Dec 30, 2004
by Rick Hellman, Editor
When James Shulkind, age 23, of Overland Park took off for a new life in Israel this week, it was the culmination of a several-year, one might even say a lifelong process.
"We've always been strong Zionists, so we support him," said James's mother, Jane Shulkind, a member of Congregation Beth Shalom.
|James Shulkind had his bags packed Monday. |
"Ever since kindergarten, when they would talk about Israel, I found it intriguing," James Shulkind said Monday, one day before he was to join 200 others on a mass-aliyah charter flight from New York to Tel Aviv. The flight was sponsored by a relatively new group called Nefesh B'Nefesh (www.nefeshbnefesh.org) that, along with other entities, has helped to support Shulkind and the other new olim. Nefesh B'Nefesh means "Soul with Soul" in Hebrew.
Shulkind attended the Hyman Brand Hebrew Academy in kindergarten through grade 8. For the next three years, he attended Valley View, a boarding school in North Brookfield, Mass., designed to aid students who have attention-deficit disorder. Then he returned home, completing his high school studies at Accelerated Schools in Overland Park, Kan.
Meanwhile, the Shulkind family (James and his brother, Andrew, and their parents, Jane and Steve Shulkind) had taken a two-week trip to Israel soon after James's Bar Mitzvah "in lieu of a party," James Shulkind said. "It was unbelievable."
And Shulkind went again in 1996 on a non-denominational trip offered by the Valley View school. "It was half Jews, half Christians," Shulkind said of his approximately 10-person group. "We went to Galilee, to Bethlehem. It was fascinating."
Shulkind went again on March of the Living in spring 2000, which takes Jewish students through Poland and Nazi death camps for one week, followed by a second week in Israel, marking Yom HaShoah and Israel's own national memorial day, finally relieved by Israeli Independence Day and a bit of touring.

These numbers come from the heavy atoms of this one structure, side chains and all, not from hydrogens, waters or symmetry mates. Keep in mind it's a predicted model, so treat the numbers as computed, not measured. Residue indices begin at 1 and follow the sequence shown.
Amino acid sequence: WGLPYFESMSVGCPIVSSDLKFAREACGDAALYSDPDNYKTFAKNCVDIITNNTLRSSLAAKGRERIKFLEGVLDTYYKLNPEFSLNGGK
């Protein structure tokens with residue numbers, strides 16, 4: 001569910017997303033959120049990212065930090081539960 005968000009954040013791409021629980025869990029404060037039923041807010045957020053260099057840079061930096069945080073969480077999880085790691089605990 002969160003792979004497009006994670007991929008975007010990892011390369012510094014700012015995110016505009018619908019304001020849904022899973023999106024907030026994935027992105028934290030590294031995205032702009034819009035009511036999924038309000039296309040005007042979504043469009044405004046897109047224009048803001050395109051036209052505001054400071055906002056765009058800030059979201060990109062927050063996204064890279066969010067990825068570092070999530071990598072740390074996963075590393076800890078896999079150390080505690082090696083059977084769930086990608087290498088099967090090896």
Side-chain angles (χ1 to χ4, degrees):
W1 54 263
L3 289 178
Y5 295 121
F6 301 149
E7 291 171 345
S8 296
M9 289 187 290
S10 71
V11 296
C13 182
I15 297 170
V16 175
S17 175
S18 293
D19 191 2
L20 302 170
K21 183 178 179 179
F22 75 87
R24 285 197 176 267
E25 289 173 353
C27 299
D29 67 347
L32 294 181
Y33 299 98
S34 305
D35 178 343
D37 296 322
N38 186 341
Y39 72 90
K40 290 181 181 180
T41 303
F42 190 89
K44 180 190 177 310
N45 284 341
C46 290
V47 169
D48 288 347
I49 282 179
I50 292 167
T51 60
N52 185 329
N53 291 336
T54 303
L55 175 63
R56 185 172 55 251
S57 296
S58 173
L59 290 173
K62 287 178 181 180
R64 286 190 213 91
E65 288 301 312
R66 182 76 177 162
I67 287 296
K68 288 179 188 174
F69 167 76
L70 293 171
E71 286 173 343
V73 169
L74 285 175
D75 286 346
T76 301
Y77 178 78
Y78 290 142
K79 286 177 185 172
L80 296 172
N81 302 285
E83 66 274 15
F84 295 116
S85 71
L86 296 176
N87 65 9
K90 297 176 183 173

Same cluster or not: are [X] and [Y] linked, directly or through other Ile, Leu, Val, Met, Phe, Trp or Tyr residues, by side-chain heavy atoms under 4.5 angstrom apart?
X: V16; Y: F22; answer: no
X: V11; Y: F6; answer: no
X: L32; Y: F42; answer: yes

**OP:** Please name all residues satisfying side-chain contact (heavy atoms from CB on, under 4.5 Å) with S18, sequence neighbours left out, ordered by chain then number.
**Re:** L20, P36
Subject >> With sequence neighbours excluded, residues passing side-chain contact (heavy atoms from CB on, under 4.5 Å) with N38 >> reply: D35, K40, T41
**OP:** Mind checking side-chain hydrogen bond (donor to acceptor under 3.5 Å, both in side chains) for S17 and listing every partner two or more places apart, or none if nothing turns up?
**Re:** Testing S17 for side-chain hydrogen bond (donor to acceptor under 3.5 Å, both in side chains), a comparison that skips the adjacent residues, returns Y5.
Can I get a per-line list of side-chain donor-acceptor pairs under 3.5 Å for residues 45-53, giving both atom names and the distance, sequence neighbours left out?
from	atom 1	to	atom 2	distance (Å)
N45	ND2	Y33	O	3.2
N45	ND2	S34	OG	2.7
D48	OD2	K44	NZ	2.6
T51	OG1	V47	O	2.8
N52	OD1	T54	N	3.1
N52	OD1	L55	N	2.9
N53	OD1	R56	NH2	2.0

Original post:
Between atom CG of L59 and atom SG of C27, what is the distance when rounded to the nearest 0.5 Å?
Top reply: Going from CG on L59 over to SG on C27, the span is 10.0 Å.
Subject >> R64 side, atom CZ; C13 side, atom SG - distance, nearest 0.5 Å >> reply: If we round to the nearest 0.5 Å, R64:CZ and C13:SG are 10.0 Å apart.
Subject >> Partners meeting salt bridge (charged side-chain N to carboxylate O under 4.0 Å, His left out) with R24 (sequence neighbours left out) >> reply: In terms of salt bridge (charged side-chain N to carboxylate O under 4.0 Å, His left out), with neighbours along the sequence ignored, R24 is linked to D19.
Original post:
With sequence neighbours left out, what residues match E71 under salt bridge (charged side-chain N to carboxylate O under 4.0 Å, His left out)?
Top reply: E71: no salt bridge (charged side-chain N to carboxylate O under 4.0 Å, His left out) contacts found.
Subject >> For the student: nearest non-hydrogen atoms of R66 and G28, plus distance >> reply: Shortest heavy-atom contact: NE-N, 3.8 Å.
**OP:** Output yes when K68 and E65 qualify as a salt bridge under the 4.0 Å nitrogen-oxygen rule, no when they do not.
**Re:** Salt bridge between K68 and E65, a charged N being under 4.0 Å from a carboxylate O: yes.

"That was completely mind changing," Shulkind said. "Completely life changing. ... That was the trip that made me say 'I am making aliyah.' "
Loving the lifestyle
Shulkind also managed to qualify for a birthright Israel trip in December 2002. He completed the birthright trip, then stayed on in Israel throughout 2003 on various work/study programs. He worked with the Israeli organization Livnot U'Lehibanot (To Build and to Be Built), which serves as a clearinghouse for volunteer activities. Livnot hooked Shulkind up with an ulpan, or intensive Hebrew language study course, at Kibbutz Maagen Michael on the Mediterranean Sea coast. That meant five months studying and working in an irrigation-systems factory. Shulkind said he loved the lifestyle, so he followed that with shorter stints at two more kibbutzim - Ein HaShofet in northern Israel and Kinneret, on the southern shore of the lake.
"I worked in the laundry, which was great fun ... the mango fields, the garden, the kitchen," Shulkind said.
After a visit to Eilat and Taba, Egypt, Shulkind returned home about one year ago. And he immediately began making serious plans for aliyah. He contacted the government's Israel Aliyah Center in Chicago, which provided him with reams of information on the various aspects of acquiring Israeli citizenship. Shulkind will become a dual citizen. He has taken advantage of the various financial incentives offered by the Israeli government, the Jewish Agency for Israel and Nefesh b'Nefesh. That includes a free plane ticket and a housing subsidy upon arrival, as well as the tax breaks that are offered to all new olim.
In return, and in consideration of his age and marital status, Shulkind will have to give at least six months on active duty to the Israeli Defense Forces. "I hope to have a desk job," Shulkind admitted. "If I was in great shape, they might target me for a combat unit. Maybe I'll be a guard. I'm ready for whatever. I owe it to them for their financial support."
Shulkind is ready for whatever, as regards his personal life, too - not least because he's not sure when he will be called to serve that army stint. Upon arrival, he was to head for a friend's apartment in Beersheva, and he has plans for at least one advanced-level ulpan. He says he has a laptop computer full of contact information, and the help of more than one group serving American olim, which makes his mother feel a bit more comfortable.
On Monday, Shulkind admitted to feelings of nervousness. "I'm ready as I can be," he said. "I hope it's going to work out like I have planned."
© Kansas City Jewish Chronicle 2004